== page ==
“The Great Gorton”
Ron Gorton came to Dublin, Georgia sixty years ago to play baseball. Before he turned twenty-four years old, Ron’s professional baseball career was over. Ron had two strikes against him, but he was not out - not yet. In addition to his short-lived career on the diamond, Ron Gorton worked in a major circus, quarterbacked a major college football team, garnered two boxing championship belts, appeared in a half dozen TV dramas and produced a major motion picture - all before he was thirty years old. This is the story of a former Dublin Irishman baseball player and his remarkably unbelievable career on and off the field.
“There was nothing he couldn’t do athletically,” his friend Greg Michie told Bob Kennedy of the Stamford Daily Advocate. Teammate Fred Dugan echoed Michie’s belief that Ron could have been an all star at anything he wanted and agreed that Gorton (center left) was always looking toward his next adventure.
As a sophomore, Ron Gorton was tapped as the savior of football at Villanova University. He was charged with the task of making the Wildcats the “Notre Dame of the East.” During his first season, he got into a bar fight, left the team and joined the U.S. Army at Fort McPherson in Atlanta, where he served as a military policeman.
Gorton returned to Villanova in 1955. Based on a strong performance in the season opener against Baylor, Ron, as a junior, was given a chance to become the team’s starting quarterback. Gorton’s best game came against the Indiana Hoosiers when he threw a 77-yard pass to halfback John Bauer, a mark which remains in the top ten longest pass receptions in Villanova history. Gorton and his coach, Frank Reagan, rarely saw eye to eye. Bob Kennedy related the story that Coach Reagan sent Ron into the game to run out the clock with a blowout loss. Gorton threw three straight touchdown passes. When the coach chastised Gorton for disobeying orders, the quarterback scolded the coach for not putting him in earlier and winning the game instead. That incident seemed to bring an end to Gorton’s college career, although it has been reported that he came back to Georgia and played for the Georgia Bulldogs for two weeks.
Gorton signed a professional baseball contract with the Pittsburgh Pirates, who assigned the $4,000.00 bonus baby to the Dublin Irishmen of the Georgia State League. Ron, who was encouraged by four of his army teammates who became major leaguers, had hit .349 in the previous season and was hitting nearly .400 for the Fort McPherson team when he signed in late May of 1956. Gorton played shortstop in 80 games for the Irish, who finished dead last in the Georgia State League in their last year of their existence. He was a steady fielder, but a light hitter with a .230 batting average. Gorton was assigned to Jamestown New York team until he was traded to the Olean Oilers farm team of the Phillies during the 1957 season. Just to keep in shape, Ron played in the Puerto Rican league as Ronaldo Gorton Gonzalez. At the beginning of the 1958 season, the Phillies manager Mayo Smith told Ron that he would have to play catcher if he wanted to remain with the team.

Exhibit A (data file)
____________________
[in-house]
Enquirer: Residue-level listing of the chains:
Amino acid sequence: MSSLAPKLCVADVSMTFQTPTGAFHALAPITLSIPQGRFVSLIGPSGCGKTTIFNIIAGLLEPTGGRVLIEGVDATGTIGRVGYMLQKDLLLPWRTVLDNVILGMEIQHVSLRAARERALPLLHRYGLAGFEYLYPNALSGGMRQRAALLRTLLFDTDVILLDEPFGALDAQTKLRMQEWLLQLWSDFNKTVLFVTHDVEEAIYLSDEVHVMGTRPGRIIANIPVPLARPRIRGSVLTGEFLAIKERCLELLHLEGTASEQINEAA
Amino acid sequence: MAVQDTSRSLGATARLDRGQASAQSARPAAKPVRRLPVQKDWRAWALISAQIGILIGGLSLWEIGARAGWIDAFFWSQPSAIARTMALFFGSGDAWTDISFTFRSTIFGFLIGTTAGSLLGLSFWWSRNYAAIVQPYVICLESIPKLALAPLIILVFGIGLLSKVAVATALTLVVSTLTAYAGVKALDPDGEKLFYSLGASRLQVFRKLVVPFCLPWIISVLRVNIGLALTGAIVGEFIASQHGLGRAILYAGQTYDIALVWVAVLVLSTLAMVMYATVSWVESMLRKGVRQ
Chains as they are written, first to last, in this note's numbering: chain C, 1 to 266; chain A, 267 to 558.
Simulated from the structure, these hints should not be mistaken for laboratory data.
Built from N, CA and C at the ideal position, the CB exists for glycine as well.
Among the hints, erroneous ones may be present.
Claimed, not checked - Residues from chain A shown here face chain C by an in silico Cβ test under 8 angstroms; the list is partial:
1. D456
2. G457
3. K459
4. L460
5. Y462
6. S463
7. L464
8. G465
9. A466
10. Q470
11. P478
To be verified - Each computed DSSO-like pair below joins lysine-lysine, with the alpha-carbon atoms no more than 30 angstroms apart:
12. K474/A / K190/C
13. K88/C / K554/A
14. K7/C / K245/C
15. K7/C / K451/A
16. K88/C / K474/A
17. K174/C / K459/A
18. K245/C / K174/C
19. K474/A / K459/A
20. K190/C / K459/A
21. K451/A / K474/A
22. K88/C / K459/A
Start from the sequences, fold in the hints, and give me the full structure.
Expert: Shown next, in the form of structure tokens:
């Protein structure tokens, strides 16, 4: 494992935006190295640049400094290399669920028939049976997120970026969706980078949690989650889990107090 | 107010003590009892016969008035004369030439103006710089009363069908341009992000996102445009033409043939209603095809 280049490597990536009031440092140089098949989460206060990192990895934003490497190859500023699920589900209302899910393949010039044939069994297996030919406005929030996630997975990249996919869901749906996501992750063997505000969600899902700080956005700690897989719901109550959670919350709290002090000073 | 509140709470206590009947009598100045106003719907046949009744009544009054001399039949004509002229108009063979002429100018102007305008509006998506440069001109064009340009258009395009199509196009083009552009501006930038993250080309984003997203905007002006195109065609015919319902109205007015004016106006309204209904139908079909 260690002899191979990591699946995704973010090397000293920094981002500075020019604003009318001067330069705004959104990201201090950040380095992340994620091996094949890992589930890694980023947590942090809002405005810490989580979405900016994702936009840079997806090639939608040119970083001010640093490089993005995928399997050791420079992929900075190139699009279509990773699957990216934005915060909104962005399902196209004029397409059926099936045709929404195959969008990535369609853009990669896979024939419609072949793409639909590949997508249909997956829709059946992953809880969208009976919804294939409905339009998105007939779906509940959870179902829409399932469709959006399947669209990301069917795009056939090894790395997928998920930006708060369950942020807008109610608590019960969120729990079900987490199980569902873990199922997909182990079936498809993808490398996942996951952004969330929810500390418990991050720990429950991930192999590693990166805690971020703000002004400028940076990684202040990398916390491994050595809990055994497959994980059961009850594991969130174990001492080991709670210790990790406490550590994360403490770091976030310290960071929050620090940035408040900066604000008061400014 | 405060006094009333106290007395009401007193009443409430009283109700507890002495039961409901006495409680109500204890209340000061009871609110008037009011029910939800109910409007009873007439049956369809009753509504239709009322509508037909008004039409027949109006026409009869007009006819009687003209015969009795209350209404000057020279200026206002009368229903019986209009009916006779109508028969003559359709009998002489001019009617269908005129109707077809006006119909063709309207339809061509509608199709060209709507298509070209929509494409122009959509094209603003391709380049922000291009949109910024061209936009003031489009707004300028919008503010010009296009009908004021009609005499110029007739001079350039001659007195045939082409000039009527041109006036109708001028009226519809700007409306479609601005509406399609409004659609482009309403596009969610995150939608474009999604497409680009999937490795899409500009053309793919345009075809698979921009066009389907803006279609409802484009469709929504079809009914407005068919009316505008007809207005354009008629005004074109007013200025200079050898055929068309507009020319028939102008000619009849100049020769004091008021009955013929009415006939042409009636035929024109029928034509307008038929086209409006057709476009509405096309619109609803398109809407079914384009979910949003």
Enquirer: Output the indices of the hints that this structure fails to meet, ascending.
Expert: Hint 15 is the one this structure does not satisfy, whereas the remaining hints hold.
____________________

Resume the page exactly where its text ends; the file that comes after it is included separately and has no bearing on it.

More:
“Me, behind the mask! I’ve got to be out there so they can see my face,” Gorton exclaimed as he grabbed his duffle bag and left training camp for good.
With his irresistible charm and compelling personality, Ron Gorton achieved his dream of being the producer of a major motion picture. He set up a suite of plush offices in a swanky office building in New York. Ron hired mega stars Maurice Chevalier, Eleanor Parker, Jayne Mansfield and Mike Conners (of Mannix fame) to star in his first movie, “Panic Button.” The comedy, while not a big success, did receive some favorable reviews.
Buoyed by the success of “Panic Button,” Gorton, who seemed to find enough money to produce his movies, planned to begin production of “Jason.” He was making arrangements to hire Frederic March, Betty Davis, Mickey Rooney and his first cousin, Jack Palance as the stars of a movie, where he would portray himself in the title role. The project never materialized.
Ron Gorton worked with his close friend Sig Shore in producing the 1972 black exploitation film, “Superfly.” In 1975, he teamed with Shore to produce, “That’s The Way of the World,” a music industry film, starring Earth, Wind & Fire. His 1984 film, “The Act,” starred Eddie Albert and Jill St. John. His last film was “A Walk with Death,” which he co-produced with his son, Ron, Jr., who also starred in the movie.
Always a promoter, it seemed only natural that Ron would venture into sports promotions. In January of 1969, he produced the first American “College All Star” Bowl in Tampa in January 1969 which was sponsored by the Tampa Bay area Lions Clubs until 1977.
Later that year, Ron Gorton almost pulled off one of the greatest boxing matches when he secured what was to be the first bout between Muhammad Ali and Joe Frazier. Tampa officials and citizens, objecting to Ali’s stance on religion, the military and Vietnam, forced the cancellation of the highly heralded event, which eventually took place in New York in 1971.
Gorton claimed some credit for the formation of the Tampa Bay Buccaneers but never realized his dream of being an NFL or MLB owner, nor did he ever become the governor of his native state of Connecticut.
Ron Gorton was indeed a man of many talents - a true Renaissance man. What he lacked in patience and stability, Gorton more than made up with his extraordinary brilliance, unparalleled talent, indestructible self confidence and dogged determination. He died
on January 31, 2003 in his home in Clearwater, Florida.